3) Dealing with an overwhelming project can be more tricky. Generally, if it's too large, then the above mentioned 'little and often' approach will soon see it come down to a more manageable size, both in your mind and in your hands. Feeling that it's too difficult may be another matter. In this case, building confidence is key. You may need to try small sections of the piece and allow your success to build your confidence, or even leave it for the time being and work on smaller projects/samples of a similar type until you have the needed know-how to approach your more major piece with confidence. To be honest, the method I used with the dog was to simply force myself to do it. The most major spurts in progress were done on two holidays when I really only had that piece of stitching with me and plenty of time to do it, so I just pressed on with it and saw it working out fine section by section.

4) A piece that you have no reason to bother working on requires that you find one! I had nothing to finish my hardanger for, until I realised that another friend who I was happy to put in effort for was likely to get engaged within the next few months. That got me going again. So, look at your 'no umph for' UFOs and see what you could finish up for whom. Does someone who would like that piece have an event coming up? A big anniversary? A new home? Whatever else you could make it into a gift for. Another good thing about stitching for events is that it provides a deadline. "The wedding is on 12 June, so I have 6 weeks and so I'd best get right down to it!" A piece you don't really like can easily please someone else too, so this method can also take in those things you've gone off.

5) Last up is the uncontrolled project starter. The answer to this is to develop some control! If you know you are liable to get sidetracked by yet another new design, simply stop looking at them! Don't buy new kits, magazines, books etc until you've finished a certain number of things. Tell your family and stitching friends so that you can have someone to answer to and who can remind you, and even get tough with you, when needed. Look through your WIPs and UFOs and take out all those nearing completion. Finish those first and get some accomplishment under your belt. Next up get out those about half done and work on those, then move on to those which are only just started (which will be almost as good as a new start anyway). If you don't blog, start one and show off your finishes. Join in, or even start, a 'Finish What you Start' challenge and get tough with yourself. Use some of the suggestions above to keep you on track and to help in each specific case.  It won't happen overnight, and you have to be pretty determined, but it CAN be done.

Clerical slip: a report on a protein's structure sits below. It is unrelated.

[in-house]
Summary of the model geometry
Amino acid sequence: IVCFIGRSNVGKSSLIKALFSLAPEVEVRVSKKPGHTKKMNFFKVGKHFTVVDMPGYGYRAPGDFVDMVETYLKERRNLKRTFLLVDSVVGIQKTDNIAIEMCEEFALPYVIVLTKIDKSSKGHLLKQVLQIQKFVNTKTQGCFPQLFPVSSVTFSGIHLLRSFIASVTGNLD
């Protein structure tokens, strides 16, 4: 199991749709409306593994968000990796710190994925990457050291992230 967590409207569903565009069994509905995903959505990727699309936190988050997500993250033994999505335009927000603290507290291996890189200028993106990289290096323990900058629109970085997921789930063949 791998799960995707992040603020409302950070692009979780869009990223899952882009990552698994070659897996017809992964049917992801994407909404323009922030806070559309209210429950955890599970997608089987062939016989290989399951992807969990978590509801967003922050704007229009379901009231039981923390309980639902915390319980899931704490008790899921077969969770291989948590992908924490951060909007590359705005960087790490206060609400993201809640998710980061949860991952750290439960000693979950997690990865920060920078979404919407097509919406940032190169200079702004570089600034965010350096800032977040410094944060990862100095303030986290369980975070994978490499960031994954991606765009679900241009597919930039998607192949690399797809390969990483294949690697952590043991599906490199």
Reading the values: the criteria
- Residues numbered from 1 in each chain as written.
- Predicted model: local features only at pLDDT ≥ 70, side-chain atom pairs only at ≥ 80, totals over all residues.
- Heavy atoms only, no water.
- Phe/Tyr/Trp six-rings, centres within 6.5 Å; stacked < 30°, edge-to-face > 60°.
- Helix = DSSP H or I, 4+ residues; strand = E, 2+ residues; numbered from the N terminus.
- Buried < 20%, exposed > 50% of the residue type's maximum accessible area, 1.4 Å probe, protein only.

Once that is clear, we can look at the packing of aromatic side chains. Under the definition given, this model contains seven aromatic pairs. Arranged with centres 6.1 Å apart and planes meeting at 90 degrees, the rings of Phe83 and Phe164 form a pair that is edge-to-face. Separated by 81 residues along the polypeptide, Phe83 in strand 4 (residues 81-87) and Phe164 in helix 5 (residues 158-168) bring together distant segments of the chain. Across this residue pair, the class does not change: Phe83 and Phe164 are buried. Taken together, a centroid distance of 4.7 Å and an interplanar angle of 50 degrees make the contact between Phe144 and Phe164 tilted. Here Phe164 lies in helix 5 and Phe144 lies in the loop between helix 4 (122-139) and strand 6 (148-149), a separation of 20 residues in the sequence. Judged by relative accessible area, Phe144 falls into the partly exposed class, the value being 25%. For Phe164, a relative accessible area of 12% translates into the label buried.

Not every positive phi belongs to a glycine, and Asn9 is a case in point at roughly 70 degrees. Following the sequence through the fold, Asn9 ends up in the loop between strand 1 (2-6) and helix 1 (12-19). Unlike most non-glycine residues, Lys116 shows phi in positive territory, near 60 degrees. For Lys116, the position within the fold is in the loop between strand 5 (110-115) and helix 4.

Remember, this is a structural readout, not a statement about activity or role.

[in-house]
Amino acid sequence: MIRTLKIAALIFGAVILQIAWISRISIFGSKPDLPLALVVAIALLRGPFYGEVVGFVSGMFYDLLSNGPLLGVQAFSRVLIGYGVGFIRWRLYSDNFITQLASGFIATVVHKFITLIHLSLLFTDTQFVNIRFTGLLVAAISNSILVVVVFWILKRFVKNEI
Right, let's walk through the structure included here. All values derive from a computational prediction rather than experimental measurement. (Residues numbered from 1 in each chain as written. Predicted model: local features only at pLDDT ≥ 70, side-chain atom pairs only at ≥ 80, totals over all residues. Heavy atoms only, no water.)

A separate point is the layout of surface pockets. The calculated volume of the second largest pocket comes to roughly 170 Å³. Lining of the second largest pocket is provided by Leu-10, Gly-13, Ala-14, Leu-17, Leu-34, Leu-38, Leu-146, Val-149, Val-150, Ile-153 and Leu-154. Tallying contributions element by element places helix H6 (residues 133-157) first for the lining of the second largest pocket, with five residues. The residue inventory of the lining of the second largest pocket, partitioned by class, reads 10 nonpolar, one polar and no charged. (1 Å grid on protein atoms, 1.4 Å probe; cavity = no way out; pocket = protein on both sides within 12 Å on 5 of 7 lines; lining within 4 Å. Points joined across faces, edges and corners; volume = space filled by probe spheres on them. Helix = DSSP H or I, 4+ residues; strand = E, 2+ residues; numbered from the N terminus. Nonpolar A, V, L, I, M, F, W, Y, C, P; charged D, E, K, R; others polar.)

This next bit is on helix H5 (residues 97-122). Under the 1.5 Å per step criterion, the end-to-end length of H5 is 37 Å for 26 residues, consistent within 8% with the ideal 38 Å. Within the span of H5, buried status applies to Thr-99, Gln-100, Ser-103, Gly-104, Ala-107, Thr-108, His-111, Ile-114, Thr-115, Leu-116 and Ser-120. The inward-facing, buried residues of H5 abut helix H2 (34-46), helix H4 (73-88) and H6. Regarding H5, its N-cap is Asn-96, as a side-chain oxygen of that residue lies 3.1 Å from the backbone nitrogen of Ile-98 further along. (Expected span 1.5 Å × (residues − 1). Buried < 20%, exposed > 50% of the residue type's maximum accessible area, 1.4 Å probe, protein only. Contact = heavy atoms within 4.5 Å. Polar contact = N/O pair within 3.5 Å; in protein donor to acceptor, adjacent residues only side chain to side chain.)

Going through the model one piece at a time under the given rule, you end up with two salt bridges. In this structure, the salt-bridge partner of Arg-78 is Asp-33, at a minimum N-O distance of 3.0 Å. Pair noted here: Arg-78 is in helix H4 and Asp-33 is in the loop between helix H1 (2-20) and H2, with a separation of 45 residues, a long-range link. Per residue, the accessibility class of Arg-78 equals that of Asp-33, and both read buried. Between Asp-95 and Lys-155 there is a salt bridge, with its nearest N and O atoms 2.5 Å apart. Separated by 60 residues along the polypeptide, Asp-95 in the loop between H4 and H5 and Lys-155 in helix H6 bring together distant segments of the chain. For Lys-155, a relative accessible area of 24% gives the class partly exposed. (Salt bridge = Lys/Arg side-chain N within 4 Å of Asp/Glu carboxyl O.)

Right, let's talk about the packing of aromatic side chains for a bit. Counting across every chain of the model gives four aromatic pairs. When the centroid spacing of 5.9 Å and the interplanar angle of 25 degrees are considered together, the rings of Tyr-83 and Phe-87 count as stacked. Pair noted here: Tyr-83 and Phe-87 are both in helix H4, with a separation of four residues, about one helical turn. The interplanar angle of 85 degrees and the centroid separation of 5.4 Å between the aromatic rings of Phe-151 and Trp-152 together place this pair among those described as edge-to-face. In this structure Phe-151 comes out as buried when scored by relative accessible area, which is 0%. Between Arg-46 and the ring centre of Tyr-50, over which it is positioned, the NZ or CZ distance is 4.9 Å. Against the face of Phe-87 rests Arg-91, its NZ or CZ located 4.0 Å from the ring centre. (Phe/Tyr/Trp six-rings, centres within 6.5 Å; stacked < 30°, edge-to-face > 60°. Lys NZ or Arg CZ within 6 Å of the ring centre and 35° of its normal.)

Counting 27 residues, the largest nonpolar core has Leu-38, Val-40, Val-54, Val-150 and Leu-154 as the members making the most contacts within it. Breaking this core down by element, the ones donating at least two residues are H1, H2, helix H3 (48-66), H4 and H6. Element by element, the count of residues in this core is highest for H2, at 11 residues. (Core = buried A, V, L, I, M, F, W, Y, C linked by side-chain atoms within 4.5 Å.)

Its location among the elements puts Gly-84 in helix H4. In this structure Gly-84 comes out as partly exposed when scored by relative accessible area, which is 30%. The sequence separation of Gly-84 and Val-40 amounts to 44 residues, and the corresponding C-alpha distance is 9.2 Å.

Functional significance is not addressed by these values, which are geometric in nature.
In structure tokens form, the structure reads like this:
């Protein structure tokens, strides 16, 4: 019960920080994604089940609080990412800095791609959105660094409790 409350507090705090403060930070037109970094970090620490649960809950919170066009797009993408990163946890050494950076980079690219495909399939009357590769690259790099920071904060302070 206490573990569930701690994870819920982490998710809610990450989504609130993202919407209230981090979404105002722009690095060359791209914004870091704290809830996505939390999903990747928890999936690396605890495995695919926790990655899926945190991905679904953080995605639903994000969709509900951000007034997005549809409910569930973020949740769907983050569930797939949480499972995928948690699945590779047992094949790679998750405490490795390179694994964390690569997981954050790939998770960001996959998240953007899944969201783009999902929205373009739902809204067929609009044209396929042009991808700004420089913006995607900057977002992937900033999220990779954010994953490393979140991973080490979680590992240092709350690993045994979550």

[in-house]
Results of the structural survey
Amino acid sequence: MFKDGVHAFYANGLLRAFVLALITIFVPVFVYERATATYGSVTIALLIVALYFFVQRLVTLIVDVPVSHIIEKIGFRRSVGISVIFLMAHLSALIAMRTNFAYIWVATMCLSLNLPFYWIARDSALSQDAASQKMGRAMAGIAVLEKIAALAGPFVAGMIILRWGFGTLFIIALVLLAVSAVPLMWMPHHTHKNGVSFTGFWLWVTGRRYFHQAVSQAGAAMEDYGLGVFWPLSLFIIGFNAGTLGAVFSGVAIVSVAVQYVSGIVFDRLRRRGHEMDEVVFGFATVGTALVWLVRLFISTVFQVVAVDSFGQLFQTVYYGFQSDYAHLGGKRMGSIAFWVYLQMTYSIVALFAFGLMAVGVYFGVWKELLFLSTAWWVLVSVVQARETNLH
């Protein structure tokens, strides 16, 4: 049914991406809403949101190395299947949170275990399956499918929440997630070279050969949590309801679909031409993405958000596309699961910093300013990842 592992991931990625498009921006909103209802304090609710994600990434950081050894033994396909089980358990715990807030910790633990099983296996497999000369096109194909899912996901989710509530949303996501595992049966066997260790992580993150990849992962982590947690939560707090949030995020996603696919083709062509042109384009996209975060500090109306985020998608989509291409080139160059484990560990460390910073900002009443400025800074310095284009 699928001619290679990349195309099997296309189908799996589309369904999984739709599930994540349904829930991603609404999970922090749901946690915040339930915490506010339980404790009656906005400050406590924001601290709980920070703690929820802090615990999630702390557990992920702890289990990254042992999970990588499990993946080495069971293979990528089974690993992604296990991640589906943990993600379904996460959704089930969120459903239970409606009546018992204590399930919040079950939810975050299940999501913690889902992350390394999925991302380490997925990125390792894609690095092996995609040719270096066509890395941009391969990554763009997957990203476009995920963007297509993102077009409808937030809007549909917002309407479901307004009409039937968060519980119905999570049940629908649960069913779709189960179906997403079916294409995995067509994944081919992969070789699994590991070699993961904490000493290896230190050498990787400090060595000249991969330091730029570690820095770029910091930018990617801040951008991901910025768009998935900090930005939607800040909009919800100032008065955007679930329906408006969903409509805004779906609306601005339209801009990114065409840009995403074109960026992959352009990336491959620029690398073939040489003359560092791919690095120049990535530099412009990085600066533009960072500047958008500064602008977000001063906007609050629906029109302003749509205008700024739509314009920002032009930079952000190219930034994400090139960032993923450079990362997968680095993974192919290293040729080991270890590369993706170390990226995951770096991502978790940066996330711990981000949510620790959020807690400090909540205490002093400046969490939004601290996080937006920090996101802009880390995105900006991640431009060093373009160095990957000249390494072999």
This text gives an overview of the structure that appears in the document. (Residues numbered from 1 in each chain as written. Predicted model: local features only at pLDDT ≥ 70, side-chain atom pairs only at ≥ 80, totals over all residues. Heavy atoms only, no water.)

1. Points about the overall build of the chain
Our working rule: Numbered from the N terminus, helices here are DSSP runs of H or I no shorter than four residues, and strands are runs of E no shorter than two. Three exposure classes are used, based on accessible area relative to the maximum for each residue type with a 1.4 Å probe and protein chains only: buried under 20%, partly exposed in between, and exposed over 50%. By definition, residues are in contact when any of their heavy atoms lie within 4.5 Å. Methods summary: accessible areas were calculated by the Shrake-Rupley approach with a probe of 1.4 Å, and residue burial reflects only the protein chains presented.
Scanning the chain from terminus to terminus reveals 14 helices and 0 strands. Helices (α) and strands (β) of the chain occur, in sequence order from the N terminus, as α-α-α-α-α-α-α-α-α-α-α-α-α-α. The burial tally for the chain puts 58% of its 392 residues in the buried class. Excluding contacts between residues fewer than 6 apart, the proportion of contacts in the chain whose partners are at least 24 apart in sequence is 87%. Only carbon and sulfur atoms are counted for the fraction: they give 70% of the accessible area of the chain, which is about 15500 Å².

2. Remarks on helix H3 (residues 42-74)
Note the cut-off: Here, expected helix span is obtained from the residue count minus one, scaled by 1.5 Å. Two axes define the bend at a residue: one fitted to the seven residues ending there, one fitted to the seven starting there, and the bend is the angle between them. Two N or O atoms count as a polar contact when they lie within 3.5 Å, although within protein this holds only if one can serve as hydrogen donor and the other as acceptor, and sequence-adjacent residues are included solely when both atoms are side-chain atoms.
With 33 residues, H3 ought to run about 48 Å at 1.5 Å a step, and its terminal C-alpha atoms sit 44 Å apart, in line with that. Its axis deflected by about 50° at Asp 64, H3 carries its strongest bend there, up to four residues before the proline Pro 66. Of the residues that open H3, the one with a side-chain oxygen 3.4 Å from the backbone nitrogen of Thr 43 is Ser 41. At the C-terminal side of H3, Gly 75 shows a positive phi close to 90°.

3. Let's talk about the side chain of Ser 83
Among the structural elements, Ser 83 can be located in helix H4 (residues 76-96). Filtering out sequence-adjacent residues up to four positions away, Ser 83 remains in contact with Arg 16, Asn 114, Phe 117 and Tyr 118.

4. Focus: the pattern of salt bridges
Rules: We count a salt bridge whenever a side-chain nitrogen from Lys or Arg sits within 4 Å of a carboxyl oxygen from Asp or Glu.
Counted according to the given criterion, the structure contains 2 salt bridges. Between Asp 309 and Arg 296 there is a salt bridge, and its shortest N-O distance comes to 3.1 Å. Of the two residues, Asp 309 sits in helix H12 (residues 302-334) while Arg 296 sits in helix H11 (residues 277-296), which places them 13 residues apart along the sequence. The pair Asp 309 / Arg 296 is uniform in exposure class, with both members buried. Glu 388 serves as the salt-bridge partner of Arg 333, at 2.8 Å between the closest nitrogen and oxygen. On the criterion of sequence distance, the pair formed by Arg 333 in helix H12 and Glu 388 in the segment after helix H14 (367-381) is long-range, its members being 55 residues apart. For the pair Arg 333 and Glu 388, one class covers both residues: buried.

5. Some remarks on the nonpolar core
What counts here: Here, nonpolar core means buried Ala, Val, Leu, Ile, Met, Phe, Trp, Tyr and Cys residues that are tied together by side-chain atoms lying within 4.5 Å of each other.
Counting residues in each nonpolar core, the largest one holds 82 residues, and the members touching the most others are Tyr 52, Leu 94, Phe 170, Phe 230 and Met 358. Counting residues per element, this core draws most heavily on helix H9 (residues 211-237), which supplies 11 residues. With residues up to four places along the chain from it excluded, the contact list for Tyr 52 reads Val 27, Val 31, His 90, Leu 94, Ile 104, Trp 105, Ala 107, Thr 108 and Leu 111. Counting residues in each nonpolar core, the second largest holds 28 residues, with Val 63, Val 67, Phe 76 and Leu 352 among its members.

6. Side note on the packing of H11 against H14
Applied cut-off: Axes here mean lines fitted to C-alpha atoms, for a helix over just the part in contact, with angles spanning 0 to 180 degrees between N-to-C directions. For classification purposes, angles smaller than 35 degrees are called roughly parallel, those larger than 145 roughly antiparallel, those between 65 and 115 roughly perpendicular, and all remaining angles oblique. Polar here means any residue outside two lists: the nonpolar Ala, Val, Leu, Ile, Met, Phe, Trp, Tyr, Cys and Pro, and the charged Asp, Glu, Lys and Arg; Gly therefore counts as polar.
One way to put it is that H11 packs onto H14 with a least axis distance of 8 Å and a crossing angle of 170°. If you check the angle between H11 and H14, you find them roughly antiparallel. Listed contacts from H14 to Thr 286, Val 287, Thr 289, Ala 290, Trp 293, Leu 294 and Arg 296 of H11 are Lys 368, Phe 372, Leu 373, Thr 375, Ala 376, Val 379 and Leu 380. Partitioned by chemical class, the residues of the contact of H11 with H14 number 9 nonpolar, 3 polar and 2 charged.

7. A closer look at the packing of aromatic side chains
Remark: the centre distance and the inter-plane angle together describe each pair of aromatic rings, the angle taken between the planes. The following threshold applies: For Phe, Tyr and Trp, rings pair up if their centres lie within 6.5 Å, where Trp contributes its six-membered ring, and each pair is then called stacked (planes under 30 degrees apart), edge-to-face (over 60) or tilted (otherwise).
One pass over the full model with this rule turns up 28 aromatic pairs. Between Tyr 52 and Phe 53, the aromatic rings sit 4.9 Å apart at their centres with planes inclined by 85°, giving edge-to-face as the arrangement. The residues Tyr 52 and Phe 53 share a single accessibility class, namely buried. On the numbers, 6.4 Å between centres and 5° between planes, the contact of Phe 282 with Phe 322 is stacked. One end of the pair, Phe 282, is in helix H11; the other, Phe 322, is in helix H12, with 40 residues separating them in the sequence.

If you follow some, or all, of the above suggestions, you can soon see your home become a UFO-free zone and have the pleasure of being able to use the space they're taking up for something else and give joy to friends and family as they receive beautiful, hand-made gifts from you! We can often downplay our work, but to others, it's really something. Let yourself have the opportunity of feeling a sense of accomplishment, not only in having finished things off, cleared the decks and had something to show for it, but also in having identified and met a personal challenge - seeing what prevented you from completing a task and overcoming that problem.

And then you can perform your happy dance!=)

© Elizabeth Braun 2011


Rachel said...

You've been thinking a lot about this, it seems. As you say, there are a whole range of reasons for setting something aside...
Of course, there are projects that legitimately stretch out for ages, but it generally helps to break them up into sections anyway!

Anonymous said...

Love this post!!! You just hit the nail on the head ;-)... (an expression).
I see clearly in which categories my ufo's belong!
They are all at this moment spinning in my head and being labeled among the different reasons you explained.
I also need to develop self-control in this area, also self-motivation.
Do you know any "Finish what you start" challenges?
Perhaps you will like to start one!!!??? I perceive some leadership, honesty and though love in you ;-) to get some of us finishing our ufo's. ;-)
Thanks for this post!!!

lewmew said...

Great post!

And the dog - (I'm a new follower) - is your own design or a kit? I would LOVE to do this!

Anonymous said...

Gorgeous work! I try very hard not to have UFOs. But are they UFO's when you organise 3-4 projects at a time and flit between them all. Helps me not to get bored with colour or stitching style.

Unknown said...

What a great post!

I've thought about cutting my 2ft 16th Historical Sampler in 1/2, but it just won't work - it's symmetrical with a major motif right in the middle.

A little at a time, with on-going other projects that I really want to go on with! A great idea!


carorose said...

I think I fall into the embroiderer with no control category. It is something I am working on.